Sometime during the Ming Dynasty, two wandering soldiers arrive in the southern city of Guancheng. Armed with unusually long swords, they fight their way past the four martial arts schools which reign in the city. One of the pair is captured, while the other escapes and goes into hiding. He is Liang Henlu (Song Yang), a former bodyguard of the great General Qi who defeated the Japanese pirates who had plagued China's coasts.
Liang has arrived in the city hoping to establish a school to pass on Qi's fighting style. But in order to do that, he must defeat the established schools to prove his worth. The problem is, Qi's style is based on that long sword which was derived from the Japanese katana, and thus forbidden in China. The leader of the martial arts establishment starts a rumour that Liang is a Japanese pirate himself, and the city's forces – the four schools and the Coast Guard – set out to destroy him.
Liang proves a wily opponent. He recruits a dancing girl and gives her a quick lesson in fighting from a concealed position, from which she holds off the combined forces of the four schools while he sets out to defeat the Coast Guard and attack the schools from behind. He also recruits the Lady Qiu, the centre of a parallel narrative. When she was brought to Guancheng to be the wife of Qiu, the master of one of the schools, she came with a bodyguard who turned out to be her lover. Rather than punish her and the lover, Qiu exiled himself to the mountains. Now, hearing of the supposed Japanese pirate, he returns and the cat-and-mouse game with Liang becomes an opportunity to resolve his own personal story.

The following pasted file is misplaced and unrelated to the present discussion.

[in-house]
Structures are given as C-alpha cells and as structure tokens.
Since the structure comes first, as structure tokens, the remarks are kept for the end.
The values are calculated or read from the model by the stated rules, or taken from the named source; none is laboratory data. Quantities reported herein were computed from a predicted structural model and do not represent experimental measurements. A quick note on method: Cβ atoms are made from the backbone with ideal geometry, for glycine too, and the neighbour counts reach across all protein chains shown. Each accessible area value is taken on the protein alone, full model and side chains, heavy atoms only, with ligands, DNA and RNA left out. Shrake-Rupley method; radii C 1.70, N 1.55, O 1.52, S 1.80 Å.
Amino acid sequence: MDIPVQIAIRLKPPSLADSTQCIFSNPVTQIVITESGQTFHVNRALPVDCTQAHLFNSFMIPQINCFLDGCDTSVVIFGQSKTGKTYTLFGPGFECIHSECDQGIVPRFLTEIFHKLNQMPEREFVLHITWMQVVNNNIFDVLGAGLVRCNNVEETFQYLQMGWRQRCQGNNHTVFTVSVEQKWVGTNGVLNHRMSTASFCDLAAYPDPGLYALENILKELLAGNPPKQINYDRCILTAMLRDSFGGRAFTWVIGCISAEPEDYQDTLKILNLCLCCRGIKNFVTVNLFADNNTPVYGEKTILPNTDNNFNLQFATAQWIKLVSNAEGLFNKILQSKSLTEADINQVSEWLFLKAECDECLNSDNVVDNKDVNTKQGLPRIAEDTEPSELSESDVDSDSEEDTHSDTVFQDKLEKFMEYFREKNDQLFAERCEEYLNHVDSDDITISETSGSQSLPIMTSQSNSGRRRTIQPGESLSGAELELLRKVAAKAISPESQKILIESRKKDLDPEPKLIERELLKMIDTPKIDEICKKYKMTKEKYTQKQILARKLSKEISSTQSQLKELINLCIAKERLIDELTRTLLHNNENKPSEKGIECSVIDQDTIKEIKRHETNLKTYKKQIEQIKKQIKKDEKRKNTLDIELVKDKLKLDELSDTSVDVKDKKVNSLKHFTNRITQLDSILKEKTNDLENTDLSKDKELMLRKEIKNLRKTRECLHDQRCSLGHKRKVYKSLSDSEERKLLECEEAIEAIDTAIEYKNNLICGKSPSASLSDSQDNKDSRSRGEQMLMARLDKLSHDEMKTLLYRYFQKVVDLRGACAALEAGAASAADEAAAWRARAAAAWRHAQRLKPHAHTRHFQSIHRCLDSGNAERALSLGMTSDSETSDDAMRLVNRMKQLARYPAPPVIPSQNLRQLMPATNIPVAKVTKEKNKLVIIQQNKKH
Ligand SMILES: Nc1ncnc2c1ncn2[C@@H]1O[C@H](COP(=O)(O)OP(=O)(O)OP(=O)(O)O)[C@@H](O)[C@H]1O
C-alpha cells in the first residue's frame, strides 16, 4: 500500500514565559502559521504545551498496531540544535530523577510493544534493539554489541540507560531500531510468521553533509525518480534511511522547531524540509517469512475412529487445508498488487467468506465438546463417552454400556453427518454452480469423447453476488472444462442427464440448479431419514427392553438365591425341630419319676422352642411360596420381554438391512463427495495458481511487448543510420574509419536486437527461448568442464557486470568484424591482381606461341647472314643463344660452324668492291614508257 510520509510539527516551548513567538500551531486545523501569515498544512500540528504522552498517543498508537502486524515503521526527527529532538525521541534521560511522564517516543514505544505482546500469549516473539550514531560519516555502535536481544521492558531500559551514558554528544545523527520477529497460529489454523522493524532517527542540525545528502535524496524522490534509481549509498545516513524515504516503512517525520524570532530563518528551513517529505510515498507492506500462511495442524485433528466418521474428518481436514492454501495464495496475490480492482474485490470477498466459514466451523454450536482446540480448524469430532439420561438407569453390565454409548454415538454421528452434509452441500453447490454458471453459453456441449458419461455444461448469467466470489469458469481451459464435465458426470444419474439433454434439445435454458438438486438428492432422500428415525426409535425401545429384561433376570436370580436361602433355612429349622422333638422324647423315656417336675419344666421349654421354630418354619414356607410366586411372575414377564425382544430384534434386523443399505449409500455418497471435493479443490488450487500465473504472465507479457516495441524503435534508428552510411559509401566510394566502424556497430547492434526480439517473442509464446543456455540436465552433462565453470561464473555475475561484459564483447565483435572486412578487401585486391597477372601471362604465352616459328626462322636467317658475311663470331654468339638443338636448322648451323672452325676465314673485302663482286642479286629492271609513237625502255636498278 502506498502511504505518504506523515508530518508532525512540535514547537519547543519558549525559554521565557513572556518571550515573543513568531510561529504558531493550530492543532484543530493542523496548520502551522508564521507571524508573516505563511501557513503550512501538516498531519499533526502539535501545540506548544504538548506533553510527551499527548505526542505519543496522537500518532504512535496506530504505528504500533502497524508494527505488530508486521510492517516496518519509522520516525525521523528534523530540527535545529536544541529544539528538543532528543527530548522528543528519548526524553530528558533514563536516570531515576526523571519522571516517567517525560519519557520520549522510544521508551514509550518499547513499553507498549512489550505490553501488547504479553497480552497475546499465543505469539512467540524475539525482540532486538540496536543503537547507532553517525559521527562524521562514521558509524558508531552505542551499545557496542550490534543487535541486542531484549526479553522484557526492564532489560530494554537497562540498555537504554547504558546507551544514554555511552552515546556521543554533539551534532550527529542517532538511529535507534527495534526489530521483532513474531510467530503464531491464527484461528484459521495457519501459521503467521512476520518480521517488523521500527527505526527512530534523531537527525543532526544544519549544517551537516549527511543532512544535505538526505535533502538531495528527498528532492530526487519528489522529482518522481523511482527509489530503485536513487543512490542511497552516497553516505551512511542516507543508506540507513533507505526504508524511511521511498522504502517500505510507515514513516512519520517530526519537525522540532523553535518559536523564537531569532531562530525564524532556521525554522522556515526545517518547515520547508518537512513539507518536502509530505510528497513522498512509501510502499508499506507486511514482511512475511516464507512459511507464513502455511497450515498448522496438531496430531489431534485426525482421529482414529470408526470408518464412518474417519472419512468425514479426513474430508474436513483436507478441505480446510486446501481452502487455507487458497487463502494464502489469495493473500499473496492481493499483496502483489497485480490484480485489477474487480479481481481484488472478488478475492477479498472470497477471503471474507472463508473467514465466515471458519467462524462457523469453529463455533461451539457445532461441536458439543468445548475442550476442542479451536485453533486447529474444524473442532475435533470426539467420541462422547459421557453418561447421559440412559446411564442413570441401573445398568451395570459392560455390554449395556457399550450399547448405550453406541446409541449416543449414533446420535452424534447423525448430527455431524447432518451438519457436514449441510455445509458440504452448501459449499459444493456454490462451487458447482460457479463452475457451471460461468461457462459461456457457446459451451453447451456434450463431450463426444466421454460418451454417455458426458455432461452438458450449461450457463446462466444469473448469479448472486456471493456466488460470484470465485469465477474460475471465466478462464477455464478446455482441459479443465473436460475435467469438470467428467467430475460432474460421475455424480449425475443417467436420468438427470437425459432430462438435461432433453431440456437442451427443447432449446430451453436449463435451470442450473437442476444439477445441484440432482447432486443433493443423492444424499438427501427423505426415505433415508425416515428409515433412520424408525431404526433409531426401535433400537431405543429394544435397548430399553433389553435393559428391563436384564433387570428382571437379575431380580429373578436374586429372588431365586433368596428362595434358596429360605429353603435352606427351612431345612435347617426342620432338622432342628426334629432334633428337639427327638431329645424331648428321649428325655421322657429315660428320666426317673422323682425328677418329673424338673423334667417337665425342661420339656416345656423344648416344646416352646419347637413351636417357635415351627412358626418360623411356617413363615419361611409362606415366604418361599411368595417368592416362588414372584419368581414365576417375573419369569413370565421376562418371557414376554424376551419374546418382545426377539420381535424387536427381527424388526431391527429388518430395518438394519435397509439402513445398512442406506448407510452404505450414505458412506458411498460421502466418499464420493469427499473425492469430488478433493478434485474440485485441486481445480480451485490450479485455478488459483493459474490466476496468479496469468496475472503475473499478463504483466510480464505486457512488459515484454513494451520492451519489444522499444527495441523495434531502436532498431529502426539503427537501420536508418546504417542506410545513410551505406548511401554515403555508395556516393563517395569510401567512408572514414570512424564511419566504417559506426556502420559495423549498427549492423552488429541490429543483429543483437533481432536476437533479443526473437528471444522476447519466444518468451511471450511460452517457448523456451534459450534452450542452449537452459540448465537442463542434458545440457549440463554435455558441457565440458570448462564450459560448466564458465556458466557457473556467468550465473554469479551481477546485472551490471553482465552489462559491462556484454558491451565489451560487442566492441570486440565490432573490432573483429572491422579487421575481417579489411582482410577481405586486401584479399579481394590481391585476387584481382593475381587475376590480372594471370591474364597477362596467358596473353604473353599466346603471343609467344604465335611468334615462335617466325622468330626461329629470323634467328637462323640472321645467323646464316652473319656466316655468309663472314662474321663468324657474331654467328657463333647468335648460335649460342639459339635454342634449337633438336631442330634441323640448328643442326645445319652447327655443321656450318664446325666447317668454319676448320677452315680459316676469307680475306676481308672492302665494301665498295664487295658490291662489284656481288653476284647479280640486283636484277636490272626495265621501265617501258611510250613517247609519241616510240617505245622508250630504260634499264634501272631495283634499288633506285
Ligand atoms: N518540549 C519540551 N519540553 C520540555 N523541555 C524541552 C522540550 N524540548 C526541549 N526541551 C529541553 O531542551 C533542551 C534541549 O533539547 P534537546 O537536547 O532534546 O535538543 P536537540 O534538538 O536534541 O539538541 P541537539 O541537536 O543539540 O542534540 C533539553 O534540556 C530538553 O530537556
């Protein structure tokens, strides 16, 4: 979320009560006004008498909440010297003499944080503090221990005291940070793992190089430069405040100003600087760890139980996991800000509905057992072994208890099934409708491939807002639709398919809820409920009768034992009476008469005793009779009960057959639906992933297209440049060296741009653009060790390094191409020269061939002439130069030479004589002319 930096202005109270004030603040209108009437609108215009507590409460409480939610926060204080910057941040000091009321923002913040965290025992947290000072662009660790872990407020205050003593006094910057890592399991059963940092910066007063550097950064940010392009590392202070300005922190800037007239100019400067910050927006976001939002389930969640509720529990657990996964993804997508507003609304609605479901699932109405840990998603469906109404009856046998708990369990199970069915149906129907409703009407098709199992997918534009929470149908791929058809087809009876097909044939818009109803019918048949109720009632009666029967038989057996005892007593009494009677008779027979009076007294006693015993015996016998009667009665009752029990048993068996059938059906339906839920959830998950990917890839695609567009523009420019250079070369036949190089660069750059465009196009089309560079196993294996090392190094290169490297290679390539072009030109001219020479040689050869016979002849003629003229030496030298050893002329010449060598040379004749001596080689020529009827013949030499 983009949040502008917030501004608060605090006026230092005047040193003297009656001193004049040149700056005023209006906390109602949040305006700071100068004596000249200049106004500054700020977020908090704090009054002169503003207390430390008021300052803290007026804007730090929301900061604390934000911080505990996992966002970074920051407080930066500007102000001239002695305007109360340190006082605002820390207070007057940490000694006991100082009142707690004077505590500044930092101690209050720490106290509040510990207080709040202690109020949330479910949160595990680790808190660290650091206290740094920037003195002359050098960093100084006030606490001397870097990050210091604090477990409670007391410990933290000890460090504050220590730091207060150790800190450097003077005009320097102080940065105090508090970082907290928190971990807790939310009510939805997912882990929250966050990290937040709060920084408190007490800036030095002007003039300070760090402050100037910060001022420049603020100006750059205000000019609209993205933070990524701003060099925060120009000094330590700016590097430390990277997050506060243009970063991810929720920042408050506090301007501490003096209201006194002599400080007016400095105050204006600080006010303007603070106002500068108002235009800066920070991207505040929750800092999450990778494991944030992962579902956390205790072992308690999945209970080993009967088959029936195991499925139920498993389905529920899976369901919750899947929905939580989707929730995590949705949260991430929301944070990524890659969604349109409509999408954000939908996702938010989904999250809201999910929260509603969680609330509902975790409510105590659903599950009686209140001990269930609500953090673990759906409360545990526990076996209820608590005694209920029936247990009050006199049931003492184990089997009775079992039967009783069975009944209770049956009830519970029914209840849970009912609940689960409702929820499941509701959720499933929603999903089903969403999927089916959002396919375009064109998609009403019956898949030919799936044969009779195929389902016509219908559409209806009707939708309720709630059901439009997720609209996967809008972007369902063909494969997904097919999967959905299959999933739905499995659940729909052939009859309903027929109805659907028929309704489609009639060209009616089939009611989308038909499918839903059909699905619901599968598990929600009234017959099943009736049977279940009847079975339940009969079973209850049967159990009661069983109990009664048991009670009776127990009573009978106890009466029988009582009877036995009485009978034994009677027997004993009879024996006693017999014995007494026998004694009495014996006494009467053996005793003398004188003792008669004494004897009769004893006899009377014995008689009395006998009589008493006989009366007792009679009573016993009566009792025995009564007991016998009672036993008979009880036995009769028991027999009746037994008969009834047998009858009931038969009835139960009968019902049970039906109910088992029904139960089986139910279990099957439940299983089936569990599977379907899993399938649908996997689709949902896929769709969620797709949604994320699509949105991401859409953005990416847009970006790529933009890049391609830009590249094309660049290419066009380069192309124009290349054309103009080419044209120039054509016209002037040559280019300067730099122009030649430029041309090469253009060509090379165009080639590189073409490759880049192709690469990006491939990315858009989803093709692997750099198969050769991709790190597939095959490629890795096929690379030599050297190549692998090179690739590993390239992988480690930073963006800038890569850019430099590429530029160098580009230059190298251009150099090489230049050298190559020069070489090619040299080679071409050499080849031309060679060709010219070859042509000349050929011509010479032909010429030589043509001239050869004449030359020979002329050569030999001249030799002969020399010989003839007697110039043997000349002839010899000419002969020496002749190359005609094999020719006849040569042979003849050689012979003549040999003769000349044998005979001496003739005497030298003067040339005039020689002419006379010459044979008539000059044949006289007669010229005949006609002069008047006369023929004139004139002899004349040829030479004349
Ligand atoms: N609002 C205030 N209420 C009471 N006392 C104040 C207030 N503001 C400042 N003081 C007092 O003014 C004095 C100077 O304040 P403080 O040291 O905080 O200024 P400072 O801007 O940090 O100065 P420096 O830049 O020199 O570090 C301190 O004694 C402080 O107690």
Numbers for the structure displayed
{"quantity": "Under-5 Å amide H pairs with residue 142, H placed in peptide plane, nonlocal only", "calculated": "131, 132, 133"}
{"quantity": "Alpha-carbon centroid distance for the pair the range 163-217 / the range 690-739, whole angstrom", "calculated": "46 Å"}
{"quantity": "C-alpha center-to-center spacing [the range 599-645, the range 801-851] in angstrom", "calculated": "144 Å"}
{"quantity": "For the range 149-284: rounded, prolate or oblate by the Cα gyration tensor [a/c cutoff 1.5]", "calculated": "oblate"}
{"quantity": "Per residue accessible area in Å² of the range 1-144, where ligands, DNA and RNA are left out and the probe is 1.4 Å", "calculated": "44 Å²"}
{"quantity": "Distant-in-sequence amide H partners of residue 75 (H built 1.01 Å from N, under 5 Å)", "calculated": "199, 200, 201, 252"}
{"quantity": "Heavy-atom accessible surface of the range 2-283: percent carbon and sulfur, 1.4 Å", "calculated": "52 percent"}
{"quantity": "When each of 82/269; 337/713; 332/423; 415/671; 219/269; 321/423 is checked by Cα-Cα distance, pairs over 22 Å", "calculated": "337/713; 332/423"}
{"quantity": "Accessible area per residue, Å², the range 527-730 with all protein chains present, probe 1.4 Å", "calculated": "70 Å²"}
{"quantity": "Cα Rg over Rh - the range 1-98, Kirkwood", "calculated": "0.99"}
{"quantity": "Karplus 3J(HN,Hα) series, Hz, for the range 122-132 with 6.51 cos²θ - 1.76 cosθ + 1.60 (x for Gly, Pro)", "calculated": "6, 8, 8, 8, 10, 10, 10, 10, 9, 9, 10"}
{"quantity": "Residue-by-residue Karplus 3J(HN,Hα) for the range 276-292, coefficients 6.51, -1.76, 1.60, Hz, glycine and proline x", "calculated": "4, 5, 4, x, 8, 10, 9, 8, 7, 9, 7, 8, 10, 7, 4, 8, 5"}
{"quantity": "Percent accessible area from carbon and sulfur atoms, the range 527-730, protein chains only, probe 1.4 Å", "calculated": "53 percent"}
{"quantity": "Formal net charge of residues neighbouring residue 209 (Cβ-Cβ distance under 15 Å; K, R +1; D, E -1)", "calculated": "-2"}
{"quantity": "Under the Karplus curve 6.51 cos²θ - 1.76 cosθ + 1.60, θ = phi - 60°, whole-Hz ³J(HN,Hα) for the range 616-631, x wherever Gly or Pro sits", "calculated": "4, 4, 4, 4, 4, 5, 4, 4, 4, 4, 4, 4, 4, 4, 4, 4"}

The Sword Identity (2011) is the directing debut of Chinese writer Xu Haofeng and in style and content represents a critique of the Chinese martial arts genre, wuxia pian. The hero, as here, is often an outsider driven by a sense of justice, who stands against a rigid establishment which has perhaps lost its own sense of chivalry. The trope of conflicting martial arts schools is also common in the genre, often to the exclusion of other social and political factors. In Xu's film this rigidity is represented by the opposition to Qi's innovative weapon and the unconventional tactics Liang brings to the fight.